Wednesday, January 18, 2012

Wikipedia goes dark in protest: Criminal justice blogger Scott Greenfield's well articulated support - adopted by the publisher of this Blog.

PUBLISHER'S VIEW: It is trite to say that without the Internet, I would not be able to obtain the necessary information and publish this Blog so it can be read by readers across the world. I therefore want add my voice to those who have chosen today to protest American proposed laws which could destroy the foundations of the Internet and place what remains under intolerable controls on the day that Wikipedia - a great source of information for this Blog and so many others - has chosen to go dark  to register its own protest. I echo the well articulated views of Scott Greenfield in his post noted below.



STORY: "Quod approbo non reprobo," by criminal defence blogger Scott H. Greenfield published earlier today on his blog "Simple Justice."
"Unlike others, I am not a believer that information demands to be free, in the sense of copyright being an archaic concept and infringement an entitlement. I believe that people who create content are entitled both to own it, monetize it and prevent others from stealing it. Yes, stealing it. If someone else created it, then it's not yours to do with as you please, no matter how much you want to or think you ought to be allowed to. If you want content, create your own. But believing in the virtue of protecting the creation of content does not, by any stretch of the imagination, mean that these shockingly overbearing laws are the means by which enforcement of content ownership should be protected. The internet has created innumerable problems with enforcement of copyright, with servers far away delivering content to any computer for the asking. It's inadequate to ask nicely that people not steal. Yet the answer to this problem isn't to wield a hammer so large and powerful that it will undermine the internet, shut down upon demand and without recourse any website, no matter how large and significant or small and inconsequential. Worse still, the hammer is placed in hands so untrustworthy, so self-serving and manipulative, that the potential for damage to digital society is beyond anything imaginable."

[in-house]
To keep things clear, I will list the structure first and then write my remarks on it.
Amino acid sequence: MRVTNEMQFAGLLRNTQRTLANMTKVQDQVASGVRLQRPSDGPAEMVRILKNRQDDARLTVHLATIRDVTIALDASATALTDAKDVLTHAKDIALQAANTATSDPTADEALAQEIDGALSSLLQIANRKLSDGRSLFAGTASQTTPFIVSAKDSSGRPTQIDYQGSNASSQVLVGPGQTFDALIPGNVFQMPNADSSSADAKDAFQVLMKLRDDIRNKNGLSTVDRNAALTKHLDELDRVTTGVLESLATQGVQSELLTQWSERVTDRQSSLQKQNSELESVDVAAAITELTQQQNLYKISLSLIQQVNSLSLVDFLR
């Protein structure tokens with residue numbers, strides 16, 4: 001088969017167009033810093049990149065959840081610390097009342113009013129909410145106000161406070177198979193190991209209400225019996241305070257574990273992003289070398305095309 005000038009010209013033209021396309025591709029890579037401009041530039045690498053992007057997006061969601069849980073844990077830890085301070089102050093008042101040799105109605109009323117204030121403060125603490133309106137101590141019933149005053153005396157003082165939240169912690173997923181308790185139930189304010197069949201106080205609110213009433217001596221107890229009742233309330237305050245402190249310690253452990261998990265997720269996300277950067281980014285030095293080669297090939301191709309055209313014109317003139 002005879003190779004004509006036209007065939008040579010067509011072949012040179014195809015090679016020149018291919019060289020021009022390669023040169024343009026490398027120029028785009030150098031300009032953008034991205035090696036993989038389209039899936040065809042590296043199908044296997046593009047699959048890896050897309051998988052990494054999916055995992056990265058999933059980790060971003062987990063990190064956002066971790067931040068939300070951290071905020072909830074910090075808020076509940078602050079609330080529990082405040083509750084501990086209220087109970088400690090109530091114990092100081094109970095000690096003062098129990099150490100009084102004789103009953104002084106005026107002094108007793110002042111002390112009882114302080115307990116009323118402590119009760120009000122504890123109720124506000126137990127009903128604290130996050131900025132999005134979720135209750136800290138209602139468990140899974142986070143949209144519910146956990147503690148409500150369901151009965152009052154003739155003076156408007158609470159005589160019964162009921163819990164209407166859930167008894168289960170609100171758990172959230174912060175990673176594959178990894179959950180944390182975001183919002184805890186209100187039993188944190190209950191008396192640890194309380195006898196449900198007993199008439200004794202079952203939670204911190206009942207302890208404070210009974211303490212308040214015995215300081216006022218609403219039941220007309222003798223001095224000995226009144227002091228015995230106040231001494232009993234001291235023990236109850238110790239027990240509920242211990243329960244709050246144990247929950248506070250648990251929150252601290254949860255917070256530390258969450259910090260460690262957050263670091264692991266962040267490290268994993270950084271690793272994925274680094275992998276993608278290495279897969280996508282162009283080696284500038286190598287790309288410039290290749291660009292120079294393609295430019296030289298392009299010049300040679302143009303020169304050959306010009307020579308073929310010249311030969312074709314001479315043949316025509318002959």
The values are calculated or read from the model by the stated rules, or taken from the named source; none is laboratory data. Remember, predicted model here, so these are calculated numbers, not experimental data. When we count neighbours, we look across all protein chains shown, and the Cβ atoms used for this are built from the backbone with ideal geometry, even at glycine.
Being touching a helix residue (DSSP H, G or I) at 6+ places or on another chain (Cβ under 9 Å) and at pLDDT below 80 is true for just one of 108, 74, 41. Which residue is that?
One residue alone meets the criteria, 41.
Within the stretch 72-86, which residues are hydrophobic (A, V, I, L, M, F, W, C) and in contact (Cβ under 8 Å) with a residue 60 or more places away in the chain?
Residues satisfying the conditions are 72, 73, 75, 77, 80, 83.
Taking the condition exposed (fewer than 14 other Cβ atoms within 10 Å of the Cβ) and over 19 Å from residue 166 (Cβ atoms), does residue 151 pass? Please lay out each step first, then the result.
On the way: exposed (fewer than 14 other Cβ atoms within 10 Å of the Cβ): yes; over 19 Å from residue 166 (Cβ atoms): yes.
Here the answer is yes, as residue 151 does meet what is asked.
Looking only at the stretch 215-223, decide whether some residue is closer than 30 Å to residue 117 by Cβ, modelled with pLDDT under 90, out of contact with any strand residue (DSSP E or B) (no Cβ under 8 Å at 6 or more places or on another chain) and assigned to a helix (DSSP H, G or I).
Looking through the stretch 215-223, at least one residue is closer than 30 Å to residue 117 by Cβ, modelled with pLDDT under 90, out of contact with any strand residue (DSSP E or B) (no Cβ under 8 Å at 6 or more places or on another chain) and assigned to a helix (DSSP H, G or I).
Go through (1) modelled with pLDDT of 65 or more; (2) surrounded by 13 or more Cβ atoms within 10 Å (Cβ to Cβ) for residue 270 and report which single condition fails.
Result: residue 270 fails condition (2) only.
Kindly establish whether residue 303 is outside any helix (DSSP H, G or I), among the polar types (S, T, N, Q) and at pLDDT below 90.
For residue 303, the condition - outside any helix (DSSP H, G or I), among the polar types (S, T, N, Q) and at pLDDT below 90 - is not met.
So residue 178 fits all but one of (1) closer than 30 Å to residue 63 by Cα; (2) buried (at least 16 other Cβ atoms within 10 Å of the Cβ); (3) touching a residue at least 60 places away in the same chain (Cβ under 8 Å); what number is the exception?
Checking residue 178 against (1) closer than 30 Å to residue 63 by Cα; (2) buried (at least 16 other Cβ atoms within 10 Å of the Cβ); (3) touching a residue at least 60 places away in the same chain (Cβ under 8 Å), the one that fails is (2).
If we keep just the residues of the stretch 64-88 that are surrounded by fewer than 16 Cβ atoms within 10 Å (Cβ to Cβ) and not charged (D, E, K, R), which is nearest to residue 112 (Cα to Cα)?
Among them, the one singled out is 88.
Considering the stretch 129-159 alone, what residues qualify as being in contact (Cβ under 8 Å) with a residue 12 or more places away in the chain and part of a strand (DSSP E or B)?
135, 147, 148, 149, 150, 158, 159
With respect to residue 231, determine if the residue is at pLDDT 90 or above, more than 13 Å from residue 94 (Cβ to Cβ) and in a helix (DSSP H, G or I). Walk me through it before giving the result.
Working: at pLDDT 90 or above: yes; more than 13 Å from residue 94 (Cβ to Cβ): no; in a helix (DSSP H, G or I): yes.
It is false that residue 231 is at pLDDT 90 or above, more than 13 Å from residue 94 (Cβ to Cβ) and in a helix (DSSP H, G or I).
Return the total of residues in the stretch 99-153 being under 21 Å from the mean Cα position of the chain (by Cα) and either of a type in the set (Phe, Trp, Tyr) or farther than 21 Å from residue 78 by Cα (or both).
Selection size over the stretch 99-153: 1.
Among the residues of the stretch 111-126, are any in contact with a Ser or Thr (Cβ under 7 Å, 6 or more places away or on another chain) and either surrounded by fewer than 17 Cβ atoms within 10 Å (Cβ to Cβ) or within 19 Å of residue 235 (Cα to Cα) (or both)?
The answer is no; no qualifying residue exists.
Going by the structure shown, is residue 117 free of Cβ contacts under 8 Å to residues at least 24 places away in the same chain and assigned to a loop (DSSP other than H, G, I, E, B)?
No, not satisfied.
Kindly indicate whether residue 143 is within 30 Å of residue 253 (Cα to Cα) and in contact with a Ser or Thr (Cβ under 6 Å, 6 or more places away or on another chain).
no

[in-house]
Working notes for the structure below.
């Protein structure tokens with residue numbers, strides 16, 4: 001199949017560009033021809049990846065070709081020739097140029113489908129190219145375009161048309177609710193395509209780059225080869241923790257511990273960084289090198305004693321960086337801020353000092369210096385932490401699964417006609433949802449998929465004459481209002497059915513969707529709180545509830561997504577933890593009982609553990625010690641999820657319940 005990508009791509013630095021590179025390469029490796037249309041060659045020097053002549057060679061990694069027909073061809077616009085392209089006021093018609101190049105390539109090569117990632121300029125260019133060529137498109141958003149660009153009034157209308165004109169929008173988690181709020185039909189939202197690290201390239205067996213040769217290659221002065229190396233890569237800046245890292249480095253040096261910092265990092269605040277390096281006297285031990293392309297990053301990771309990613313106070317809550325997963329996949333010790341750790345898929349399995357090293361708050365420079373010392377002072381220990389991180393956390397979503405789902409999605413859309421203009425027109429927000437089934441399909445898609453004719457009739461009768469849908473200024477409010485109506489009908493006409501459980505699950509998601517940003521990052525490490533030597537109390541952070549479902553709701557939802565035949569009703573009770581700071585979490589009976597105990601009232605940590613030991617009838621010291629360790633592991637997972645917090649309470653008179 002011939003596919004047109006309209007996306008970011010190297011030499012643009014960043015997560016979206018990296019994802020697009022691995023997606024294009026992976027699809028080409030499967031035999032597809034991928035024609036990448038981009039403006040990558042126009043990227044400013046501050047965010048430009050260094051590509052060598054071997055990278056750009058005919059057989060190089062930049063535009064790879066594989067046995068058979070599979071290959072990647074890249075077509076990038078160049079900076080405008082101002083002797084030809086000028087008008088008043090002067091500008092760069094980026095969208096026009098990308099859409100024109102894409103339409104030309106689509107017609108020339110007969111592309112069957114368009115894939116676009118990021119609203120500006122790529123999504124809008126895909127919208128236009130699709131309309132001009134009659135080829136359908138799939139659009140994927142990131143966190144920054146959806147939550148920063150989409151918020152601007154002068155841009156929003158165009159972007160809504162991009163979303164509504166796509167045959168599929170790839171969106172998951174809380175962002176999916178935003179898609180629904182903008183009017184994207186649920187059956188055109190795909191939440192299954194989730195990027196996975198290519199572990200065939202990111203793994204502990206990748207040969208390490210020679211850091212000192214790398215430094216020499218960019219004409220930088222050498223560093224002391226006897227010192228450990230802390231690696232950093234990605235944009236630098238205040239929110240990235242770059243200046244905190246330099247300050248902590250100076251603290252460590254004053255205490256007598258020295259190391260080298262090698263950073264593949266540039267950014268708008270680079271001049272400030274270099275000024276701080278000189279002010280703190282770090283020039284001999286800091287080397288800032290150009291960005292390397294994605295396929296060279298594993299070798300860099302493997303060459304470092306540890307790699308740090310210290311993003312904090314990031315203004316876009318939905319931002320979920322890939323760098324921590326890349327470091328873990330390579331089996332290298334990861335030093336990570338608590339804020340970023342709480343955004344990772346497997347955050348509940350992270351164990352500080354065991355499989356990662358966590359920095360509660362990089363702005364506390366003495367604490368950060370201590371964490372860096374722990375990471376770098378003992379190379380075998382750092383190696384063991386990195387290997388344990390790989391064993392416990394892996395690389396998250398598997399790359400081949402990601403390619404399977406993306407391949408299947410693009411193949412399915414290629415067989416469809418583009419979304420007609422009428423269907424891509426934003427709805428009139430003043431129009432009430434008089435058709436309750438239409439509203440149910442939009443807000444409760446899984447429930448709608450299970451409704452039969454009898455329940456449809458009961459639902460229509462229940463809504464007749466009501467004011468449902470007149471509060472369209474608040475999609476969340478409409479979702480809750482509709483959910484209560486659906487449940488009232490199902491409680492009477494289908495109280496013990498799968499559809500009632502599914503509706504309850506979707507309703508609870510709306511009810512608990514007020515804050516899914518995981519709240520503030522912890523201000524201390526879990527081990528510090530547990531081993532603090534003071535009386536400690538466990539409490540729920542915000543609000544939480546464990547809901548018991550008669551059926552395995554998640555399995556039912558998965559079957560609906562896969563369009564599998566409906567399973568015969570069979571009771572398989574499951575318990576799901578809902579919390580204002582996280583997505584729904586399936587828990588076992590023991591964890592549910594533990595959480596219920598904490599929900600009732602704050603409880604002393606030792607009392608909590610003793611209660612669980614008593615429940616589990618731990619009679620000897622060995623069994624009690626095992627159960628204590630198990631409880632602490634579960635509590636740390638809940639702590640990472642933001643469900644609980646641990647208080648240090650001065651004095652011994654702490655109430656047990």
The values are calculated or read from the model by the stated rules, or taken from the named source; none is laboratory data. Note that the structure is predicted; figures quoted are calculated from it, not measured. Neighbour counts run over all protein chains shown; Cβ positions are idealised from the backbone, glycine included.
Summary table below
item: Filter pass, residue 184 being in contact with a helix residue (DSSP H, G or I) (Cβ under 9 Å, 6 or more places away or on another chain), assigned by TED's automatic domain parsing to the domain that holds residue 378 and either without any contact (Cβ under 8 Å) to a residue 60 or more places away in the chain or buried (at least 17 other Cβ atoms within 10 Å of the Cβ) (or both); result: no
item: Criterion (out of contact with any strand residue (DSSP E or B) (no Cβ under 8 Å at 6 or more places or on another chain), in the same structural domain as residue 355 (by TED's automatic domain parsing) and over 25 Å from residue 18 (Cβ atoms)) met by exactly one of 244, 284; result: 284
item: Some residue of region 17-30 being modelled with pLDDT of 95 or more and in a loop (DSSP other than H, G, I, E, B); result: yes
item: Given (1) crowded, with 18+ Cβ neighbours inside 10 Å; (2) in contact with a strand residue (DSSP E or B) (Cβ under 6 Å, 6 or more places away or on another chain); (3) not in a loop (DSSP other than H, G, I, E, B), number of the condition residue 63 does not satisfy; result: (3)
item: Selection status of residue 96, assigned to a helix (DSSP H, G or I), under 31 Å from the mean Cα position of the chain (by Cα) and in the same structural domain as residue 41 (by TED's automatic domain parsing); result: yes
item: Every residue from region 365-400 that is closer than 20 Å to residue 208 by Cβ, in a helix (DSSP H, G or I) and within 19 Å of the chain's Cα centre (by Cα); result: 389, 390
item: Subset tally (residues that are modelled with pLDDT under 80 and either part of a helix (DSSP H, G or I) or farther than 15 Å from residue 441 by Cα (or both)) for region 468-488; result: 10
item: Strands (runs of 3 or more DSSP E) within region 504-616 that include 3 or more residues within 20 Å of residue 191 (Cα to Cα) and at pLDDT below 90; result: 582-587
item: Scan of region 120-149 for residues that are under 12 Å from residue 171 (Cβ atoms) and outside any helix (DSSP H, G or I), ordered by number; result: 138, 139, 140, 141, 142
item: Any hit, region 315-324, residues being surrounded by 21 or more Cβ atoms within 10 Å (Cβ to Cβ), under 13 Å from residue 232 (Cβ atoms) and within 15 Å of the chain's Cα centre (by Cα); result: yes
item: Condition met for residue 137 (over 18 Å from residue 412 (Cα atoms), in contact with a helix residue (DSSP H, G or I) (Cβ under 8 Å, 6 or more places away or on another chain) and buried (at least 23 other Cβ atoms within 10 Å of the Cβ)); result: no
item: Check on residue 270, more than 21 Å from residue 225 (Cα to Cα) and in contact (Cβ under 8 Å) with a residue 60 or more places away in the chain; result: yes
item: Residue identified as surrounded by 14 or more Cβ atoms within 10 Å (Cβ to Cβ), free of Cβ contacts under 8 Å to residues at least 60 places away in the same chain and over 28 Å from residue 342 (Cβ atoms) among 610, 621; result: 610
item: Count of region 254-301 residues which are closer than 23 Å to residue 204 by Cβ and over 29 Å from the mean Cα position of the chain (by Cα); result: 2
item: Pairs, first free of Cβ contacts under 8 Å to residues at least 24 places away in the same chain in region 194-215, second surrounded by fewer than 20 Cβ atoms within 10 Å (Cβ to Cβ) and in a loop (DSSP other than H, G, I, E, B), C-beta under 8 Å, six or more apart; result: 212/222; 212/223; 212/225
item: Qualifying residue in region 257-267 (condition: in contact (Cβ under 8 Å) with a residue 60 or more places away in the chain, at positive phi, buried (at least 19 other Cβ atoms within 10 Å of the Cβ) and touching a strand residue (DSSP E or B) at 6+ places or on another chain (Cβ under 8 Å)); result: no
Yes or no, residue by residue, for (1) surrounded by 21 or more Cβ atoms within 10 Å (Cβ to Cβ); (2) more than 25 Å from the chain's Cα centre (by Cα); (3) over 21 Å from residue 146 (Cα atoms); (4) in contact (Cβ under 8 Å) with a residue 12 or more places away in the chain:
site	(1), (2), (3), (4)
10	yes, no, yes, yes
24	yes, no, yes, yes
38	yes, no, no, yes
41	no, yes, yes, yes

PUBLISHER'S NOTE: The Toronto Star, my previous employer for more than twenty incredible years, has put considerable effort into exposing the harm caused by Dr. Charles Smith and his protectors - and into pushing for reform of Ontario's forensic pediatric pathology system. The Star has a "topic" section which focuses on recent stories related to Dr. Charles Smith. It can be found at:

Information on "The Charles Smith Blog Award"- and its nomination process - can be found at:

Harold Levy: Publisher; The Charles Smith Blog;;